EEMCS

Home > Publications
Home University of Twente
Education
Research
Prospective Students
Jobs
Publications
Intranet (internal)
 
 Nederlands
 Contact
 Search
 Organisation

EEMCS EPrints Service


23992 Data Dissemination in Vehicular Environments
Home Policy Brochure Browse Search User Area Contact Help

Schwartz, R.S. (2013) Data Dissemination in Vehicular Environments. PhD thesis, University of Twente. CTIT Ph.D.-thesis Series No. 13-278 ISBN 978-90-365-3571-7

Full text available as:

PDF

8855 Kb
Open Access



Official URL: http://dx.doi.org/10.3990/1.9789036535717

Abstract

In the last few decades, Intelligent Transportation Systems (ITS) have been deployed to reduce congestion, enhance mobility, and help save lives. Among the various technologies incorporated is vehicular communication which consists in equipping vehicles with inexpensive wireless devices to enable a decentralized network composed by vehicles and infrastructure points. Such a vehicular network allows vehicles to extend their horizon of awareness to events that are beyond those that on-board sensors alone are able to detect.
In this context, one crucial task is the dissemination of data generated by a wide range of applications. On the one hand, safety applications are mostly related to hazardous situations. Therefore, they require a low dissemination delay and reliable delivery to all vehicles in the surroundings. On the other hand, non-safety applications, related to transport efficiency and infotainment, tolerate higher levels of delay, however, they also generate larger data volumes. Due to the limited channel capacity, the data must be selected prior to broadcasting according to the current level of interest of neighboring vehicles. This can be defined based on the current context such as the vehicles’ direction and the age of the data being disseminated. In both categories, applications share the challenges raised by unique characteristics of vehicular networks such as the continual variation in density and predominant intermittent connectivity between vehicles. This thesis focuses on the development of data disseminating solutions that address these challenges while fulfilling the requirements of both safety and non-safety applications.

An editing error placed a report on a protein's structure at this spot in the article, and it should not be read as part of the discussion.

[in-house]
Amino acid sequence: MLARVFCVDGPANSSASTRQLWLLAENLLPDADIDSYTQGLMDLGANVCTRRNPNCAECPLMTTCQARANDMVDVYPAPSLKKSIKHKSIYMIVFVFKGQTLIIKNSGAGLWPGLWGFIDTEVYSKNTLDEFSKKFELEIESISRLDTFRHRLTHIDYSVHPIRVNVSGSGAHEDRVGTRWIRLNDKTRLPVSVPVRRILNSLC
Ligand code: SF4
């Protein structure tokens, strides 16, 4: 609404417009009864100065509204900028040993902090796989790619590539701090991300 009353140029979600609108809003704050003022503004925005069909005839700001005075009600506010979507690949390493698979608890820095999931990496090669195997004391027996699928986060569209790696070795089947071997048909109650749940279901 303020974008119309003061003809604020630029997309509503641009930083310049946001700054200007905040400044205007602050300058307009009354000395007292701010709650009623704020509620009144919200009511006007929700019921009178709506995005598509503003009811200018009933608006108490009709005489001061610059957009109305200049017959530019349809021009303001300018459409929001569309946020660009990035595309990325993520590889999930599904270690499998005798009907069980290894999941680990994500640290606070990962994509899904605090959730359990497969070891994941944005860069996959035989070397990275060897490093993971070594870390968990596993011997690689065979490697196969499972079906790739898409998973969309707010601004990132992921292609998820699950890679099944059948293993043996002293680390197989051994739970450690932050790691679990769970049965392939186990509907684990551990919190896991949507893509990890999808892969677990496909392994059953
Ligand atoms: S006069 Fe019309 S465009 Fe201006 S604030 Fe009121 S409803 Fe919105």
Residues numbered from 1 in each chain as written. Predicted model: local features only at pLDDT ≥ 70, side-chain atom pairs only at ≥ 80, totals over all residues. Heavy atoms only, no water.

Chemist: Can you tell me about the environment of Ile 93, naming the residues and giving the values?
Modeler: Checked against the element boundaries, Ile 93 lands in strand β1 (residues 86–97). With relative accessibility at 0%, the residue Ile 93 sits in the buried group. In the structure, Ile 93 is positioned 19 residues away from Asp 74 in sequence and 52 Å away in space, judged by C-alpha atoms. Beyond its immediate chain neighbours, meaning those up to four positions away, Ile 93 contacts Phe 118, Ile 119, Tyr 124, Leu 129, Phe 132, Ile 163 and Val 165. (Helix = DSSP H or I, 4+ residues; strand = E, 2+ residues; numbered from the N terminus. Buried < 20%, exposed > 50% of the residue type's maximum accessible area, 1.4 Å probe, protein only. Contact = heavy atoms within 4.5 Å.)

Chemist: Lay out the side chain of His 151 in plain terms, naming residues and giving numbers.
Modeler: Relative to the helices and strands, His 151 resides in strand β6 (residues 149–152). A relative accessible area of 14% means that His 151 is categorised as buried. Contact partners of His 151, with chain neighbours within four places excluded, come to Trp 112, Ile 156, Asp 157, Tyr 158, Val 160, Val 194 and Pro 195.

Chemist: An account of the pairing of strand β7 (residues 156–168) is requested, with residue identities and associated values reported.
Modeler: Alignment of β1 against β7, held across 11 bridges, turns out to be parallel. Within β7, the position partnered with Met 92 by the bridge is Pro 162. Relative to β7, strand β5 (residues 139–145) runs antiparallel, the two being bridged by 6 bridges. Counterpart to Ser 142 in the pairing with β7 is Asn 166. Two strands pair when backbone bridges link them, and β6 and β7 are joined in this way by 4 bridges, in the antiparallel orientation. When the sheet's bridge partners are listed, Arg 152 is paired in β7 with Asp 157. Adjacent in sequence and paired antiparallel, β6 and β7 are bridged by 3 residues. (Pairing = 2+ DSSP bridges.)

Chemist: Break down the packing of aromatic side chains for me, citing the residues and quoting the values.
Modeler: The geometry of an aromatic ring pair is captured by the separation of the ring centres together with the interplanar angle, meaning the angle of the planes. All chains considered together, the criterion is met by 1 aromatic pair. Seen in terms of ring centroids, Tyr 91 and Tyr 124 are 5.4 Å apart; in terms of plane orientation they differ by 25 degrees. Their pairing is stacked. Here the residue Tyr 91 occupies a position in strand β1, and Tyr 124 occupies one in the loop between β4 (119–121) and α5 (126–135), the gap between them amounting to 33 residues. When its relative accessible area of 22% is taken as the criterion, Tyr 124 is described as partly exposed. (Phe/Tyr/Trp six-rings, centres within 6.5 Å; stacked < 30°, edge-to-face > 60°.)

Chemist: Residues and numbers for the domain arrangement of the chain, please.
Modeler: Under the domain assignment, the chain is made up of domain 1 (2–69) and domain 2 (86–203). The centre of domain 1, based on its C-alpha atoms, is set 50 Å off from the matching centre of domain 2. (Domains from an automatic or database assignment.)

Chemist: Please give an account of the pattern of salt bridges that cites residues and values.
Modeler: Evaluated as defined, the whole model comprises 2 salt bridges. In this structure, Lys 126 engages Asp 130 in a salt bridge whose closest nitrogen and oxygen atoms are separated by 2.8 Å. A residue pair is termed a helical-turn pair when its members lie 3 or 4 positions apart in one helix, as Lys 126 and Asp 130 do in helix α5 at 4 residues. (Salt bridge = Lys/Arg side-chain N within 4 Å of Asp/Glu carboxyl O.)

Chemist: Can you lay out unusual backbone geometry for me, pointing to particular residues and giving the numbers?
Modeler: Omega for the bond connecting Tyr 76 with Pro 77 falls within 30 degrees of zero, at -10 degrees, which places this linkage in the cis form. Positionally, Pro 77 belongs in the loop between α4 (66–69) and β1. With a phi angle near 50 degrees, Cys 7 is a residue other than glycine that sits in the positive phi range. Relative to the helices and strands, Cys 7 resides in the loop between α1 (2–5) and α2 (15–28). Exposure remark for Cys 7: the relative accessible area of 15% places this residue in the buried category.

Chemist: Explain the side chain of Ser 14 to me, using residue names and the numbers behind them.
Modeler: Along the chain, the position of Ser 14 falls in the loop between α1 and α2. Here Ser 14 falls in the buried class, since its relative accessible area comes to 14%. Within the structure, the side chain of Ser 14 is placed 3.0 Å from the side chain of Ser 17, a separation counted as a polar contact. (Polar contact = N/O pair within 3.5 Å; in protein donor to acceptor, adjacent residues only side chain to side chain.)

Item Type:PhD Thesis
Supervisors:Havinga, P.J.M.
Assistant Supervisors:Scholten, J.
Research Group:EWI-PS: Pervasive Systems
Research Program:CTIT-WiSe: Wireless and Sensor Systems
Research Project:SI4MS: Sensor Intelligence For Mobility Systems, iLand: Middleware for deterministic dynamically reconfigurable networked embedded systems
Uncontrolled Keywords:Vehicular networks, VANET, Data Dissemination, Fairness
ID Code:23992
Deposited On:24 December 2013
More Information:statistics

Export this item as:

To correct this item please ask your editor

Repository Staff Only: edit this item